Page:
• Abstract: Lacking the initial contact between the immune system and microbial-associated molecular patterns (MAMPs), such as lipopolysaccharides (LPS), early in life, may be regarded as one of the causal factors of the increasing global increase in the incidence of autoimmune diseases, such as type 1 diabetes (T1D). Previously, a reduced incidence of T1D accompanied by dramatically increased abundances of both the mucin-metabolising bacterium Akkermansia muciniphila, and LPS-carrying Proteobacteria was observed, when vancomycin was given to pups of nonobese diabetic (NOD) mice. While the T1D incidence reducing effect of A. muciniphila has been shown in further studies, little is known as to whether the increased abundance of LPS-carrying bacteria also has a protective effect. Therefore, we fed NOD pups with Eschericia coli LPS orally from birth to weaning, which decreased the gene expressions of TNFα, IL-10, IL-6, IFNγ, IL-1β, IL-2, IL-4, and FoxP3 in the pancreatic lymph nodes, while the same gene expression profile in the spleen was unaffected. However, no significant difference in the incidence of T1D, gut microbiota composition, or ileum expression of the genetic markers of gut permeability, Claudin8, Occludin, Zonulin-1 (Tjp1), Claudin15, Muc1, and Muc2 were observed in relation to LPS ingestion. It is, therefore, concluded that early life oral E. coli LPS has an impact on the local immune response, which, however, did not influence T1D incidence in NOD mice later in life.
      PubDate: Wed, 06 Mar 2019 07:05:14 +000
  • Different Contributions of Dyslipidemia and Obesity to the Natural History
           of Type 2 Diabetes: 3-Year Cohort Study in China

    • Abstract: Aim. It is known that different stages of type 2 diabetes represent distinct pathophysiological changes, but how the spectrum of risk factors varies at different stages is not yet clarified. Hence, the aim of this study was to compare the effect of different metabolic variables on the natural history of type 2 diabetes. Methods. A total of 5,213 nondiabetic (normal glucose tolerance (NGT) and prediabetes) Chinese older than 40 years participated this prospective cohort study, and 4,577 completed the 3-year follow-up. Glycemic status was determined by standard oral glucose tolerance test both at enrollment and follow-up visit. Predictors for conversion in glycemic status were studied in a corresponding subcohort using the multiple logistic regression analysis. Results. The incidence of prediabetes and diabetes of the cohort was 93.6 and 42.2 per 1,000 person-years, respectively. After a 3-year follow-up, 33.1% of prediabetes patients regressed to NGT. The predictive weight of body mass index (BMI), serum triglyceride, total cholesterol, and systolic blood pressure in different paths of conversions among diabetes, prediabetes, and NGT differed. Specifically, BMI was the strongest predictor for regression from prediabetes to NGT, while triglyceride was most prominent for onset of diabetes. One SD increase in serum triglyceride was associated with a 1.29- (95% CI 1.10–1.52; ) or 1.12- (95% CI 1.01–1.27; ) fold higher risk of diabetes for individuals with NGT or prediabetes, respectively. Conclusion. Risk factors for different stages of diabetes differed, suggesting personalized preventive strategies for individuals with different basal glycemic statuses.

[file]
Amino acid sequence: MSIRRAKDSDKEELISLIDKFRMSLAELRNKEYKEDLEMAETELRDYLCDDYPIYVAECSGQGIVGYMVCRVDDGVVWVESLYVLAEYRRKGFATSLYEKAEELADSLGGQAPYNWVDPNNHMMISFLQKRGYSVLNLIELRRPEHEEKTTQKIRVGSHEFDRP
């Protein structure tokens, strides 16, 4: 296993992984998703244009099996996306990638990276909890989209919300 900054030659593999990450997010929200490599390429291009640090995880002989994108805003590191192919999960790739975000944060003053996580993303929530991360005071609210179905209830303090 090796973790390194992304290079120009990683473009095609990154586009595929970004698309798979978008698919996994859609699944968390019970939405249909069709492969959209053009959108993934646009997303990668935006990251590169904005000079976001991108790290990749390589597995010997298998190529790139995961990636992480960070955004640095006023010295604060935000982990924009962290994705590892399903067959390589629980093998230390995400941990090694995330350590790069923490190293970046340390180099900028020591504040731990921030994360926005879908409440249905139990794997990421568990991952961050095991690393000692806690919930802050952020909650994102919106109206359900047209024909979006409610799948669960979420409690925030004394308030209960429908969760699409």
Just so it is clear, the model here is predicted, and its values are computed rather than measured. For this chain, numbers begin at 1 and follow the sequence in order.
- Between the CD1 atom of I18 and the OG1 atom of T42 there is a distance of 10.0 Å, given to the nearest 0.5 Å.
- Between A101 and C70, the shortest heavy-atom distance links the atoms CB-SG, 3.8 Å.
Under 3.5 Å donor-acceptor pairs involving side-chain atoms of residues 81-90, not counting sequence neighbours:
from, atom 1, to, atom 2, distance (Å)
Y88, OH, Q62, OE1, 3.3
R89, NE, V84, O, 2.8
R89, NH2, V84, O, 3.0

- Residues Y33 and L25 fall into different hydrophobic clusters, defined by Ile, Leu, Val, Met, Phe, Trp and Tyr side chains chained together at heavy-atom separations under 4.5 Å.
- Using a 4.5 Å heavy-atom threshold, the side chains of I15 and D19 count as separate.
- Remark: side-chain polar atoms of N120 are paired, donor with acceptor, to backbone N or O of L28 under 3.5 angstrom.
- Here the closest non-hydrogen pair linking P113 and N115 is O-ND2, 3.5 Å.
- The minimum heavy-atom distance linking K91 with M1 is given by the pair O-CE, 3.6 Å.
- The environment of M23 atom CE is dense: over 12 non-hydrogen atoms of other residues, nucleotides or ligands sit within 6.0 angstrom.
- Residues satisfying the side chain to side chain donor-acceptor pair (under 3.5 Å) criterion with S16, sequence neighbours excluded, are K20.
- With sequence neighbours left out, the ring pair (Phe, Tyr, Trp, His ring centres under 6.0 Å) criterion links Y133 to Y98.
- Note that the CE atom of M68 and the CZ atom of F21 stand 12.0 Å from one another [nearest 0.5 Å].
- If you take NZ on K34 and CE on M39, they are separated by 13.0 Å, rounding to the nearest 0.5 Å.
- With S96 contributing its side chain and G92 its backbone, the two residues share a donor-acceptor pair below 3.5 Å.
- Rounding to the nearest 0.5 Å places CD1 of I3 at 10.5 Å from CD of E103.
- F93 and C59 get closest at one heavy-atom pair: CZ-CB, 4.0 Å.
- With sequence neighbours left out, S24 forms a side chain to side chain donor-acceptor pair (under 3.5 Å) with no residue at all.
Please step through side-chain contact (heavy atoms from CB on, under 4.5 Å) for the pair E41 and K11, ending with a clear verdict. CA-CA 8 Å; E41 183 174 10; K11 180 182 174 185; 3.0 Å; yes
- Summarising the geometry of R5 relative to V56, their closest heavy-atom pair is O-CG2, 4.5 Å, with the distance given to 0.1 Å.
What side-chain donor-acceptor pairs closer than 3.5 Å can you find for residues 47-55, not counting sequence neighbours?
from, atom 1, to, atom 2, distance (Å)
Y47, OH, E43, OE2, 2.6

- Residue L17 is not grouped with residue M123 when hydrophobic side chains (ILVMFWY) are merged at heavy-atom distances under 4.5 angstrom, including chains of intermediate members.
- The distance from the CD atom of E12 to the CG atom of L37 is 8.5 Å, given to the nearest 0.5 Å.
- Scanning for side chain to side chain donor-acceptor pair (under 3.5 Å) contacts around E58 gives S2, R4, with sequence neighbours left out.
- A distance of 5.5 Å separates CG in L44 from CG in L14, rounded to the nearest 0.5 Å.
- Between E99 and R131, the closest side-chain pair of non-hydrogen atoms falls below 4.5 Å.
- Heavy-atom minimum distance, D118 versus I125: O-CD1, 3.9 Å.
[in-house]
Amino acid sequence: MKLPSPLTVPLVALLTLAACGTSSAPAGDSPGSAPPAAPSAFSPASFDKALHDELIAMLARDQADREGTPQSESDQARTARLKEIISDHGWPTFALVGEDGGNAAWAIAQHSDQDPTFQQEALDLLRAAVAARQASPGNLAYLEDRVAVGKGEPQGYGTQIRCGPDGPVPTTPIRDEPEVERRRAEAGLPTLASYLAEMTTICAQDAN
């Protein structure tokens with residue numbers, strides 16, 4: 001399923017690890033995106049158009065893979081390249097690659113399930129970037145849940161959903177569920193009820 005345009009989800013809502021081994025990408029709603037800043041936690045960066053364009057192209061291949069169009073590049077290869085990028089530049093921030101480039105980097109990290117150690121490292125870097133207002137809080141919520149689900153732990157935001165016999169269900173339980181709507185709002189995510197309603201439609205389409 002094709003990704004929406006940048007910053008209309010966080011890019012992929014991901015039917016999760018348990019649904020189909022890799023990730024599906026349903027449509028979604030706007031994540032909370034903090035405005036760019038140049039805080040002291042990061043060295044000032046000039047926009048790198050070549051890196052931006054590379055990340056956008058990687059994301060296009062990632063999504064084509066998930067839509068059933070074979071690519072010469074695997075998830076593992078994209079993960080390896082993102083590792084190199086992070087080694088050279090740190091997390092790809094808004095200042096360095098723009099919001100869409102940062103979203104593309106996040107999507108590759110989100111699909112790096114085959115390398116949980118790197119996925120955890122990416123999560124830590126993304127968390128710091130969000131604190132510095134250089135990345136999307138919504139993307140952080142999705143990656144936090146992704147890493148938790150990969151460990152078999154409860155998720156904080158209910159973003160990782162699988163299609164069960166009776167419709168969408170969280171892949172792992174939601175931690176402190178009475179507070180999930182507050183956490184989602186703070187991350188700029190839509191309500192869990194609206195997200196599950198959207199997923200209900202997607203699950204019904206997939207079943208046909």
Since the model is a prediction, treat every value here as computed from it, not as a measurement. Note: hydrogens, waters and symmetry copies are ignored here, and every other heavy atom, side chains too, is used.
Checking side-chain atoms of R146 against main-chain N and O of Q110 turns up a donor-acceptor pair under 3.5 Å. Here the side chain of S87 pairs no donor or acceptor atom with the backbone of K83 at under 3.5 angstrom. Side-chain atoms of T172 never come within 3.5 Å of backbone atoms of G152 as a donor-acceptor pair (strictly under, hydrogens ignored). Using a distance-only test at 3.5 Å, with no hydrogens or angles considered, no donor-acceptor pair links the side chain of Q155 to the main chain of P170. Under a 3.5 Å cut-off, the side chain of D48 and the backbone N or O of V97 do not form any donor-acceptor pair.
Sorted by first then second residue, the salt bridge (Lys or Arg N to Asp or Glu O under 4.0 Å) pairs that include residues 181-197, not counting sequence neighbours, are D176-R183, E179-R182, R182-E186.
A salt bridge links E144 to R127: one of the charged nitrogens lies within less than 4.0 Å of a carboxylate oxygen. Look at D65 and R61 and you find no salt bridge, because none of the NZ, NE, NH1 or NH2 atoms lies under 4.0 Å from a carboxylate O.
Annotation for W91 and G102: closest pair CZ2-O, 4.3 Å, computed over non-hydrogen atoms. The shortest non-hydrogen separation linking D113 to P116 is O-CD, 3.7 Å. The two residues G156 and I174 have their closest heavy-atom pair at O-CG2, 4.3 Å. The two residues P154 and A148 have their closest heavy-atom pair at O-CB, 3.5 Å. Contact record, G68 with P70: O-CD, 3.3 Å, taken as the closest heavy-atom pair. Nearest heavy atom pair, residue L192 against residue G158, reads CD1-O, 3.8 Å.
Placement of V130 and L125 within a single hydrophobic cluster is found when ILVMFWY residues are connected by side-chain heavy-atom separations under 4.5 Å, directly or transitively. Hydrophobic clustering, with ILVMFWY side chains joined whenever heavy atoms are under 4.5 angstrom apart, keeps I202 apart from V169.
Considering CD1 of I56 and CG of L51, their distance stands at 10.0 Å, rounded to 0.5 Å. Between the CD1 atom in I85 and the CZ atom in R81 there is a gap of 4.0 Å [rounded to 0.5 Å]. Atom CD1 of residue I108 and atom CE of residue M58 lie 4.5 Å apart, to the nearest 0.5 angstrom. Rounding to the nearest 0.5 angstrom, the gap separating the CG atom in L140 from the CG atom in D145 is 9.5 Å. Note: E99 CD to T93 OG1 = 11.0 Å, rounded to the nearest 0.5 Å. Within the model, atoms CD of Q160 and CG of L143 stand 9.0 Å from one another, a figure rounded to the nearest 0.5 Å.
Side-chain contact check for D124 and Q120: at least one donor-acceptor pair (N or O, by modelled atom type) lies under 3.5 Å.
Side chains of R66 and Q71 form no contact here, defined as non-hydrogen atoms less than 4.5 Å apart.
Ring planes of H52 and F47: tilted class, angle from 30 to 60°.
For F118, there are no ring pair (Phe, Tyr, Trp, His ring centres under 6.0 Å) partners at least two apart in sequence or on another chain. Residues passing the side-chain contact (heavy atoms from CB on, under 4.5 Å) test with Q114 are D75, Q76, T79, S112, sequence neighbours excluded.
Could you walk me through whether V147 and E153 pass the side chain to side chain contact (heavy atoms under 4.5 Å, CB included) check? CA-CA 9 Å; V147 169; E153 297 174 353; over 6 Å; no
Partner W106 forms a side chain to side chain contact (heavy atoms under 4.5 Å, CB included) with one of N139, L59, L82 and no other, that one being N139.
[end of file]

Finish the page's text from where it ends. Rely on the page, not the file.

PubDate: Mon, 04 Mar 2019 14:05:06 +000
  • Corrigendum to “The Impact of Type 2 Diabetes Mellitus on Long-Term
           Prognosis in Patients of Different Ages with Myocardial Infarction”

    • PubDate: Mon, 04 Mar 2019 07:05:14 +000
  • Prevalence, Risk Factors, and Fetomaternal Outcomes of Gestational
           Diabetes Mellitus in Kuwait: A Cross-Sectional Study